Overall, I would say that the book is both good and important, although how good would depend on the degree that the target audience feels they are being preached to. At first, I was worried about how his short story, Anda’s Game would translate to novel form, but it made the jump quite well.
As you can probably guess from the fact that my last post was from 2009, I haven’t been doing much on this site, instead focusing my energies on pawnstorm.net. I do have a purpose for this site again, however.
I have started to keep track of thoughts that come to me while I am reading or watching TV, and I figure that those thoughts might have value to people out in the greater world, so I’m going to go ahead and post them here.
It’ll probably take a week or two for me to get the website into any sort of shape, but then again, I’m sure that you can wait.
I have officially sold my first story! It is a piece of flash fiction that is slated to run on Valentine’s Day, over at Flash Scribe, which should be officially launching today. In any case, they seem to be an awesome group of people (AND they bought a story from me), so you should definitely go and check them out.
My 27th birthday was about a week ago, so this is as good a time as any to do a quick assessment of my goals, and how they are coming along. Without further ado, here we go:
- Write Fiction – I think that this one is an obvious yes.
- Sell Fiction – Two stories of mine have been accepted in the last week, so yes. More on that later.
- Finish Novel – Working on it.
- Sell Novel – What do I look like, a banker? I need to finish it before I can sell it.
- Woman of My Dreams – I married her.
- Socialist Revolution – One day.
- Free Crab!!! – Provided by woman from #5. And it was delicious.
- Everything Else – It can wait, I have crab.
I probably don’t need to tell you about the dismal state of publishing these days, so I won’t. What I do want to tell you about is where I see hope. Mainly that is the in electronic publishing. First, let me tell you about what brings this up.
I recently submitted a couple of pieces of flash fiction to a new publication called Flash Scribe. Although they do not offer vast sums of money as I would prefer, I really like flash (my favorite piece that I have written is Bob: Employee of the Future) as a format and figured, ‘what the heck?’ So a couple of days go by. Then I get an e-mail saying that they couldn’t open one of the files that I sent them. Two things. One is that it only took them two days to reply. I realize that flash is, by definition, very short, but they still have to be on the ball to have that sort of response time. The second is that they did not automatically reject it, which would have most certainly been much easier.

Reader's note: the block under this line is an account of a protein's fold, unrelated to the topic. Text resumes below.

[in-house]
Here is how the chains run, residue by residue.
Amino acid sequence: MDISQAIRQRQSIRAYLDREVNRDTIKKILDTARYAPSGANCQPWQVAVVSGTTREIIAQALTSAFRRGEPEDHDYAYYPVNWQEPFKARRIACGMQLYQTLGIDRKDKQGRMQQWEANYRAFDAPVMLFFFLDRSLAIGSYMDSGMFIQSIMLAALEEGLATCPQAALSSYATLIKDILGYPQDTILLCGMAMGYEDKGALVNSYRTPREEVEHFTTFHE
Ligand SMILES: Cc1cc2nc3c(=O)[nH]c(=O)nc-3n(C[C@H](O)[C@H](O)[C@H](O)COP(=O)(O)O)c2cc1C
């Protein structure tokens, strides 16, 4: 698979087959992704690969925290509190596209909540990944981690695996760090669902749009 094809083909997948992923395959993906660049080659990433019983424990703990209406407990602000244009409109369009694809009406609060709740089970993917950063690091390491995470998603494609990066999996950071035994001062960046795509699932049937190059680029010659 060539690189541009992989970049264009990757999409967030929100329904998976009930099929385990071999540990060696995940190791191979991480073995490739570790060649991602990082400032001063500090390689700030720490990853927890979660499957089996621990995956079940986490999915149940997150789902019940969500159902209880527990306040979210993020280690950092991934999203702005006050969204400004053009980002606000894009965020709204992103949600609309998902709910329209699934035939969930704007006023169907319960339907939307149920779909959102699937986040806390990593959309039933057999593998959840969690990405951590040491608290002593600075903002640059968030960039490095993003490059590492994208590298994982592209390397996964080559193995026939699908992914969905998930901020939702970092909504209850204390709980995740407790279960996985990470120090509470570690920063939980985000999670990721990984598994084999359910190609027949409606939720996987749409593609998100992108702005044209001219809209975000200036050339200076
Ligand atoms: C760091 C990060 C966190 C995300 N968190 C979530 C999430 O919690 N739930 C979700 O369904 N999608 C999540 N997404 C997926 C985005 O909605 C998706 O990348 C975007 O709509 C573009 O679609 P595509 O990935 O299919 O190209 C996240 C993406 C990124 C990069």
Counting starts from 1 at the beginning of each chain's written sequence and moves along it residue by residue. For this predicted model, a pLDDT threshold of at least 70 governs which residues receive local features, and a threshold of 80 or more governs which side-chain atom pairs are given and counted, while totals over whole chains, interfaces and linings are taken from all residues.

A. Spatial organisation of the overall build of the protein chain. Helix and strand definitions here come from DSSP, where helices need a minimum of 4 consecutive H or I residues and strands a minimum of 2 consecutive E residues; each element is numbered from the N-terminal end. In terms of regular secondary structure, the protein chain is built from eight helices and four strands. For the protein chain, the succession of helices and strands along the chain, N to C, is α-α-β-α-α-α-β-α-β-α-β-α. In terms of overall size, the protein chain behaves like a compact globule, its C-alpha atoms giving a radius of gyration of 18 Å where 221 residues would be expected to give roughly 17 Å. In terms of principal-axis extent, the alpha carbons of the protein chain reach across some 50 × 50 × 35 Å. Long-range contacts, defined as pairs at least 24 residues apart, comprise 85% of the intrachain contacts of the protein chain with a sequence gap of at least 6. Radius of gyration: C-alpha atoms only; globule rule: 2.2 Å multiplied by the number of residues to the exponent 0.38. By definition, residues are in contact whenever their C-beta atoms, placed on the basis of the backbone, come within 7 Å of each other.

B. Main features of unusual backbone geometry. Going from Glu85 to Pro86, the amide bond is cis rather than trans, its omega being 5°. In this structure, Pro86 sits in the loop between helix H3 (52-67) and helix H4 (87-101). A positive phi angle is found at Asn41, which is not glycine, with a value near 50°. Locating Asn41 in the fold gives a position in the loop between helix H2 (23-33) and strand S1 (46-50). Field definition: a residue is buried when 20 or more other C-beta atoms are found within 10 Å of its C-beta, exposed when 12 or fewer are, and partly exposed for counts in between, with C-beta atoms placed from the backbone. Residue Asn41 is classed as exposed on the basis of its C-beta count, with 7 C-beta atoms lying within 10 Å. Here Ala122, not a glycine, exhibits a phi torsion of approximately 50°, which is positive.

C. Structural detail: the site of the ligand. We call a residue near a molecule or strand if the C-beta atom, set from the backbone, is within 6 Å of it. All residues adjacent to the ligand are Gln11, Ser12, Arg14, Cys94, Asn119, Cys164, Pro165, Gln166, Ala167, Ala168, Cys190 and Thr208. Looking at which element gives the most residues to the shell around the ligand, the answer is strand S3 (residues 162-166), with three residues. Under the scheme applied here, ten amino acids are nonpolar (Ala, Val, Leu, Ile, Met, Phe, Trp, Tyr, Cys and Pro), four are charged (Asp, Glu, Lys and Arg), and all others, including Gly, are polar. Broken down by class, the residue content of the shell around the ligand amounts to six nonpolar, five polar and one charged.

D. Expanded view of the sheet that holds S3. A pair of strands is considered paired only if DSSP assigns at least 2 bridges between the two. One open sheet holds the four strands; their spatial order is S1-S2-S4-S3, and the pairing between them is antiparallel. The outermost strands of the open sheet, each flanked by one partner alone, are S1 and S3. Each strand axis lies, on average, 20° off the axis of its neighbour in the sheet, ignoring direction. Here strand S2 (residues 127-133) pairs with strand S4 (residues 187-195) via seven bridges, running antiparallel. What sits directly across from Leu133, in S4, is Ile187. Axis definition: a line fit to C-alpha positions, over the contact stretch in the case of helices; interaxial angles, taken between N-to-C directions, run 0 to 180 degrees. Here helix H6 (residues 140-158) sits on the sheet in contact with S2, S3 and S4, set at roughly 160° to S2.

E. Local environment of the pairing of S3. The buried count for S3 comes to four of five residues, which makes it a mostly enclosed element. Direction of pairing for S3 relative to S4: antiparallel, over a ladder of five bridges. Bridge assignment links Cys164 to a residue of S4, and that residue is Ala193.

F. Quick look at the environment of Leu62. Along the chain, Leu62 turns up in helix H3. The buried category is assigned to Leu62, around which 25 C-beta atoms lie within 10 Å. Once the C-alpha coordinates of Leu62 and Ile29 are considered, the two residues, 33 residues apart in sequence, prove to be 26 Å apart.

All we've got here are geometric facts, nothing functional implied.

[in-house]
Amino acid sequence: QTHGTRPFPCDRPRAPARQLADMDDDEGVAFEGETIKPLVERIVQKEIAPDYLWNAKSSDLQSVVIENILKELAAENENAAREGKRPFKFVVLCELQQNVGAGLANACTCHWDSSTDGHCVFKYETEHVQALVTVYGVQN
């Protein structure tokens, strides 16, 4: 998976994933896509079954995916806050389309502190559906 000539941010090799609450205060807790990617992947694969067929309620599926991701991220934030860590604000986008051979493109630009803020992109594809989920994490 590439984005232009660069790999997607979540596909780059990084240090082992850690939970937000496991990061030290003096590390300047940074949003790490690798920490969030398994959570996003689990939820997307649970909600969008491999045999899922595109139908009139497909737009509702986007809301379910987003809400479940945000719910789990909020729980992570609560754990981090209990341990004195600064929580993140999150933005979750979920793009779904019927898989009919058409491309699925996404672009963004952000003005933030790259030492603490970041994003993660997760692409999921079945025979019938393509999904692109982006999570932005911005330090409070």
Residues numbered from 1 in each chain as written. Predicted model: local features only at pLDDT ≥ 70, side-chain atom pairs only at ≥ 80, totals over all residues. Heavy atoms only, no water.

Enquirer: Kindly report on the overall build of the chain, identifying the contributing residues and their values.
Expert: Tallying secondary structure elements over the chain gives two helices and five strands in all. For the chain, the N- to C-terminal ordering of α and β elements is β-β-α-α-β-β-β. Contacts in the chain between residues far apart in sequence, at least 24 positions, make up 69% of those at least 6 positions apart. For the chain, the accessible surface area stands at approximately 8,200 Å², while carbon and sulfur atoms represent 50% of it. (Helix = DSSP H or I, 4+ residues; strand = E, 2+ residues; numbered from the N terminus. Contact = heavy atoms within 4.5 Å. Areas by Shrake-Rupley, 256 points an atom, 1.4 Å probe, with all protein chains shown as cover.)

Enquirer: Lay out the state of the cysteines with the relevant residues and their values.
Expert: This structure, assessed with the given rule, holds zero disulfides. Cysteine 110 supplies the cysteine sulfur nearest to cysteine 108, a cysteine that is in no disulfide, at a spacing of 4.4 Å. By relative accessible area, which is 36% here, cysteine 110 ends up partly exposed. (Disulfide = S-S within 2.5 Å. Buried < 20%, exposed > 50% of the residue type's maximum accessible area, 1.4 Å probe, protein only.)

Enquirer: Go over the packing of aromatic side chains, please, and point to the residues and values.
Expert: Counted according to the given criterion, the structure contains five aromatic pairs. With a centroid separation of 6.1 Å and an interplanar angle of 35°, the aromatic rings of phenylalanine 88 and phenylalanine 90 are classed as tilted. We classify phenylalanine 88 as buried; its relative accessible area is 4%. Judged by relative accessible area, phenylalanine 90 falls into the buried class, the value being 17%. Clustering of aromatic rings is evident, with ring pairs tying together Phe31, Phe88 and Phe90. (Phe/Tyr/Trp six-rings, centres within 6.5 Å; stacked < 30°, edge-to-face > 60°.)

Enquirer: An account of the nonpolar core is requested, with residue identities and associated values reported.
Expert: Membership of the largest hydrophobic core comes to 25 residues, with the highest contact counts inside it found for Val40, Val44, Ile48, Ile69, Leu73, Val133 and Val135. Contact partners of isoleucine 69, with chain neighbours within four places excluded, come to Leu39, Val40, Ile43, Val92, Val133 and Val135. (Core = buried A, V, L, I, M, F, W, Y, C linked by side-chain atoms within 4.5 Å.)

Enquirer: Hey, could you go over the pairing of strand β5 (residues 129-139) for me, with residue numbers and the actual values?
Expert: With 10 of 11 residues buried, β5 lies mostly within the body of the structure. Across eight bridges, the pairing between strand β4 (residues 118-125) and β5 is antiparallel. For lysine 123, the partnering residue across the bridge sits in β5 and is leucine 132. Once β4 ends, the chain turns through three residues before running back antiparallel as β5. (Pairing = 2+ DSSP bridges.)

This is the sort of behavior that I simply would not expect from traditional media. Why? Because they are traditional, and therefore, by definition, established. To them, innovation is not an opportunity, but a threat. It is innovation that will save the industry, but for innovation to occur, people must take risks (especially on unknown writers like myself :). In short, I want to say that innovation is a necessary condition for hope, as it is rarely the past that saves the present from the future (quite the opposite, but that is a different debate). In addition, I want to wish the best of luck to the various people and groups that are making a go of doing things differently.
Disclaimer – I have yet to get word on my submissions, and I am not writing this as an attempt to flatter my way into anyone’s good graces, I just thought it needed to be said.